Saudi Arabia intercepts Houthi drone attack as rebels make gains in north Yemen

Rebel advances around oil-rich Marib could be a game-changer in Yemen’s seven-year war

Saudi Arabia said on Friday it had intercepted a Houthi drone attack on a shipping vessel as the rebel group announced it had made military gains across central Yemen.

The Saudi Arabia-led coalition battling the Houthi rebels in Yemen said it had thwarted an attempted drone strike on a Saudi commercial ship, without offering further details, the state-owned Al Arabiya outlet reported.

The Houthis meanwhile confirmed on Friday that they had seized two districts in central Al Bayda province, amid continued fighting for control of nearby Marib, a strategic government-held area for oil and gas production.

Houthi military spokesman Yahya Saree described the “liberation of the Naman and Nateh districts” in Al Bayda, a statement carried by the rebels' Al Masirah television network said.

Details of further Houthi advances were expected to be announced on Saturday.

Gains by the Iran-backed Houthis in the regions of Al Bayda and Shabwa raise the prospect of the rebels gaining control of Marib, the Saudi-backed government’s last remaining stronghold in northern Yemen.

The Houthis in February ratcheted up their efforts to seize Marib, where clashes have killed hundreds on both sides. Control of the oil-rich region would bolster the Houthis' bargaining position in future peace talks.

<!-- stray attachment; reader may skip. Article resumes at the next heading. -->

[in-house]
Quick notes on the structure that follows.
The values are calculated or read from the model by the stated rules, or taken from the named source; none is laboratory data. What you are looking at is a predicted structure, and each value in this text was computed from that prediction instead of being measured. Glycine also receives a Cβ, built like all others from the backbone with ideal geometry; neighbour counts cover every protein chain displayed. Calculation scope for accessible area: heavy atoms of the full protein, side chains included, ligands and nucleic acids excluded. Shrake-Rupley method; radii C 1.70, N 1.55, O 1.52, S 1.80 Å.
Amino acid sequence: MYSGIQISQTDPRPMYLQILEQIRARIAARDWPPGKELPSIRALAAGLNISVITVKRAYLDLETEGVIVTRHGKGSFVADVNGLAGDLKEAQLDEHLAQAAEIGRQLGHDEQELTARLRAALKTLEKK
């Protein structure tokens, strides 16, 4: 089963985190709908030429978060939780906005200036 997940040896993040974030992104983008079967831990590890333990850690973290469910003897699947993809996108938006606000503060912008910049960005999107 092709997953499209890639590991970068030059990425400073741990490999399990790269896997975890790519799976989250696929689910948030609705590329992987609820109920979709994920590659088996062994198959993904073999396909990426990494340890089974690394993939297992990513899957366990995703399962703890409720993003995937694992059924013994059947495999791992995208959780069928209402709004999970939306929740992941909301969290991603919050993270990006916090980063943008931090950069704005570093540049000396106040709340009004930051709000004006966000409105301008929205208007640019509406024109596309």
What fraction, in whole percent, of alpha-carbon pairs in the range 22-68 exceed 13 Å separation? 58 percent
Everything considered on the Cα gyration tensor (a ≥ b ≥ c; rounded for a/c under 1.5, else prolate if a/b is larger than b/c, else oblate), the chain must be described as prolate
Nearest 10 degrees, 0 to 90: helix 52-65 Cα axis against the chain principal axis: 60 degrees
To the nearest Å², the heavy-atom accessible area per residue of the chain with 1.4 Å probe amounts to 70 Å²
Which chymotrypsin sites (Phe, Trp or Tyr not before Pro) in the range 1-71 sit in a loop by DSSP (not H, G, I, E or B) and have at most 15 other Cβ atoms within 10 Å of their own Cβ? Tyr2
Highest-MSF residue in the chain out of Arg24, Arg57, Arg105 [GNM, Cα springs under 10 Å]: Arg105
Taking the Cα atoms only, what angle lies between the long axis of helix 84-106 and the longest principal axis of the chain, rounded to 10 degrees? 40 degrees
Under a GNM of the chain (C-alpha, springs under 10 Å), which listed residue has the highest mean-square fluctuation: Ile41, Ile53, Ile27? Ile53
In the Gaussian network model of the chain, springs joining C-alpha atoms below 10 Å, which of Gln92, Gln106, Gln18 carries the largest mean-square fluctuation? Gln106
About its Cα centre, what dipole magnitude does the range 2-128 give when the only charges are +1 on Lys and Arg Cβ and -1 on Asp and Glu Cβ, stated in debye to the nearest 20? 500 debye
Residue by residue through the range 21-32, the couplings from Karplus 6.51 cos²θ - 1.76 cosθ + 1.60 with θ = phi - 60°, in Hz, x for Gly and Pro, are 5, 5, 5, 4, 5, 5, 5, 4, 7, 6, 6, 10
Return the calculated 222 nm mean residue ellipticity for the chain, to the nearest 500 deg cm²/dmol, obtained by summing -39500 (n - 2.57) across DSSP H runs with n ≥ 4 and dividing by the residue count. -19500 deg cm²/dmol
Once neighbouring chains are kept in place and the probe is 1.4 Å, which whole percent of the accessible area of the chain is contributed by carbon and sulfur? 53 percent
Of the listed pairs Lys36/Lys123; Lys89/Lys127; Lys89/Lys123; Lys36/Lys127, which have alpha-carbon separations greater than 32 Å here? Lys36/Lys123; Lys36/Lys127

A study by research group Acaps this week said a Houthi victory in Marib could displace half a million more people and deal a fatal blow to Yemen’s exiled government by robbing it of $19.5 million each month in lost crude sales.

UN spokeswoman Eri Kaneko urged both sides to return to negotiations, lay down their weapons and let aid workers gain access to the millions of Yemenis who have been forced to flee their homes and need assistance to survive.

“It just underscores the need to end this fighting so that we can get aid to those who need it the most,” Ms Kaneko said in answer to a question from The National.

Yemen has been ravaged by war, disease and hunger since the Houthis seized the capital Sanaa and overthrew the government in 2014, drawing in a Saudi-led coalition the following year to restore the ousted leadership.

The war has forced millions of Yemenis to flee their homes, claimed hundreds of thousands of lives and tanked the economy. Four fifths of Yemenis rely on aid, in what the UN calls the world's worst humanitarian crisis.

Updated: July 31st 2021, 11:52 AM